Cyber security experts fear the Immigration Department is dragging its feet on internet security in the wake of global ransomware attacks and may be vulnerable.
The department has failed to comply with the Australian Signals Directorate’s (ASD) top four security measures — including patching — for years, despite repeatedly promising to do so.
A damning audit earlier this year found the department was vulnerable to external attacks that could compromise sensitive information, including national security data.
But the department’s chief information officer, Randal Brugeaud, will not give a deadline for compliance with the intelligence agency’s recommendations.
“The failure of key government departments to be compliant with ASD’s top four mitigation strategies is alarming,” Greg Austin from the Australian Centre for Cyber Security said.
“These are only the most basic measures designed to begin to get organisations on the difficult path of transforming cyber security culture.”
Computer security expert Richard Buckland said he was “surprised” by the department’s approach.
“They have so much data and they are in such a critical position in our overall strategy that really we would all expect them to get this right,” Dr Buckland said.
“They are very good at expecting compliance from everyone else, so I am surprised that compliance mentality does not apply to their internal systems.”
A department spokesman told the ABC it was taking the challenge seriously and its information communications technology (ICT) systems had not been breached.
Timeline for security ‘astonishing’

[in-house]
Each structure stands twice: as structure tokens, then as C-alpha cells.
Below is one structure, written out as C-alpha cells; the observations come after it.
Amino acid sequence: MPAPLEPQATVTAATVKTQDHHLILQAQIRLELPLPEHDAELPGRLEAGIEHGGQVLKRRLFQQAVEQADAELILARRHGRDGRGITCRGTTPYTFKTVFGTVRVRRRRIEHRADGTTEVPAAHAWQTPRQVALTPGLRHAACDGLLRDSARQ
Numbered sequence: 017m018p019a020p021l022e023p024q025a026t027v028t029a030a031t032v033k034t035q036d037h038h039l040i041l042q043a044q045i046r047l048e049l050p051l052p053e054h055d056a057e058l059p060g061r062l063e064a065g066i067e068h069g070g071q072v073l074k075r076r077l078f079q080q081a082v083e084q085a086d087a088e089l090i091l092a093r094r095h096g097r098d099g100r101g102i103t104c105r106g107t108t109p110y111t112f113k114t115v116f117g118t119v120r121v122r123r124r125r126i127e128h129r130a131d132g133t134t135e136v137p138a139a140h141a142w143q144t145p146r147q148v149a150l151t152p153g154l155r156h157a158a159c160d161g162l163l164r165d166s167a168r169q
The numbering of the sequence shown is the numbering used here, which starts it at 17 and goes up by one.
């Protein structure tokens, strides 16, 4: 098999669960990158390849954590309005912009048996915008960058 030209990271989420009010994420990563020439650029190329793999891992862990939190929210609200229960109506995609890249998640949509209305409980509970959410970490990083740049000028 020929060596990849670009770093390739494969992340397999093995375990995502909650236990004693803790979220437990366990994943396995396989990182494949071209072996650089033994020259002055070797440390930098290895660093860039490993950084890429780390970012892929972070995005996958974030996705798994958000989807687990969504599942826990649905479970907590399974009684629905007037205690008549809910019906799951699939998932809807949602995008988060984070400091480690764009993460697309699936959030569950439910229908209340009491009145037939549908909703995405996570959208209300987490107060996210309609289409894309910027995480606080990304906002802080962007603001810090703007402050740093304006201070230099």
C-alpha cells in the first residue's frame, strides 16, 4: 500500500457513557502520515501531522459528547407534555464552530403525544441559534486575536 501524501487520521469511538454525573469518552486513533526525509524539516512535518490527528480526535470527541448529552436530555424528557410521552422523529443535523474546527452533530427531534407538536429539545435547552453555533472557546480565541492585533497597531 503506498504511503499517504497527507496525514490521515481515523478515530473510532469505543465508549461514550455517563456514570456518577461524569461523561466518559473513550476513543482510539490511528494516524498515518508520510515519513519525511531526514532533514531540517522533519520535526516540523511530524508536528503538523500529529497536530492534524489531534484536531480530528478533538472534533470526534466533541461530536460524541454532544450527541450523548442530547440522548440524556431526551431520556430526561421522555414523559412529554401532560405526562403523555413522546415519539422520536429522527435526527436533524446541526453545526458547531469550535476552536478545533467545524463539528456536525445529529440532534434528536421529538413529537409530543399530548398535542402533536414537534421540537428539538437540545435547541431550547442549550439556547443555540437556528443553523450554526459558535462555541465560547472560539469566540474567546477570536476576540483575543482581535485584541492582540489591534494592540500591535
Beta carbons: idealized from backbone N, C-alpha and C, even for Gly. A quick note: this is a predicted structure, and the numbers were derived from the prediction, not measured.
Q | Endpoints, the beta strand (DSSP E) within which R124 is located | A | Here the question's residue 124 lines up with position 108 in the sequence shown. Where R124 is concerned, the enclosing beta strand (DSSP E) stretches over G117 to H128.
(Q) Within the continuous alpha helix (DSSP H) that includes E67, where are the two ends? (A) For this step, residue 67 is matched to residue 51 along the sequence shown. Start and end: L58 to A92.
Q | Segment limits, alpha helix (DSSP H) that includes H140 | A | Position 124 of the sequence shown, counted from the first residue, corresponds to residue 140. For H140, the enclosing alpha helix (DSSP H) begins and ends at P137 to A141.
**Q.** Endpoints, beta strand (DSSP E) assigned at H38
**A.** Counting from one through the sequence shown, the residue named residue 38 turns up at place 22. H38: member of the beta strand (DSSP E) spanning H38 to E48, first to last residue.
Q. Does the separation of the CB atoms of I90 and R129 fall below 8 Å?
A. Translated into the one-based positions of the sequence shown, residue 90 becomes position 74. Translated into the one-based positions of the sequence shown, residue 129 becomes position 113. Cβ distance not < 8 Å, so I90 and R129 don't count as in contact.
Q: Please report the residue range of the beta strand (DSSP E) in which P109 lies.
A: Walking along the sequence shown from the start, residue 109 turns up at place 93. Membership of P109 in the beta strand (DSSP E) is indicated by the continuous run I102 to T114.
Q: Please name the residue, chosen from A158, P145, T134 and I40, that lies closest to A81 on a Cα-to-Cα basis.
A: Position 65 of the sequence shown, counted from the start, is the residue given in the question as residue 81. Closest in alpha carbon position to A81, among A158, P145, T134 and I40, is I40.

Earlier this month, Mr Brugeaud revealed the department may not be compliant with patching processes recommended by the Prime Minister’s cyber security adviser, Alistair MacGibbon.
Patching is a term used to describe updating operating systems and applications to ensure they are protected from malware or ransomware.
Mr Brugeaud told a Senate inquiry that a monthly patching cycle would not be rolled out until next financial year.
“On application patching, which is quite a challenge for all organisations … over the next two to three years we will get to a point where we are able to be fully compliant in applications,” Mr Brugeaud said.
The department spokesman told the ABC it was now in the second year of a five-year ICT plan that would ensure compliance with the ASD recommendations.
But Dr Buckland said the five-year time frame was “astonishing”.
“A five-year plan to deal with this is just the wrong time scale — it makes me concerned about how seriously they are treating this,” he said.
“In five years everything will have changes. It raises the question, how seriously are they taking cyber security?”
Department waits Senate inquiry report
The department’s cyber security processes are now the subject of a senate inquiry led by Liberal senator Dean Smith.
Mr MacGibbon told the inquiry compliance with the ASD’s recommendations were only one approach to security.
“I have found that there is a prevailing “tick box” compliance culture which is in some respects, perversely driven by a fear of audit failure,” Mr MacGibbon said.
“By looking only to these snapshots, we may create a culture of fear and thereby harm our security.”
In its submission, Immigration pointed out a merger with the former customs agency in 2015 presented “an enormous challenge” for its ICT department.
“Combined, the two agencies have over 900 applications, of which 569 are unique,” the submission said.
“Of the 279 business critical applications, approximately 70 per cent are bespoke.”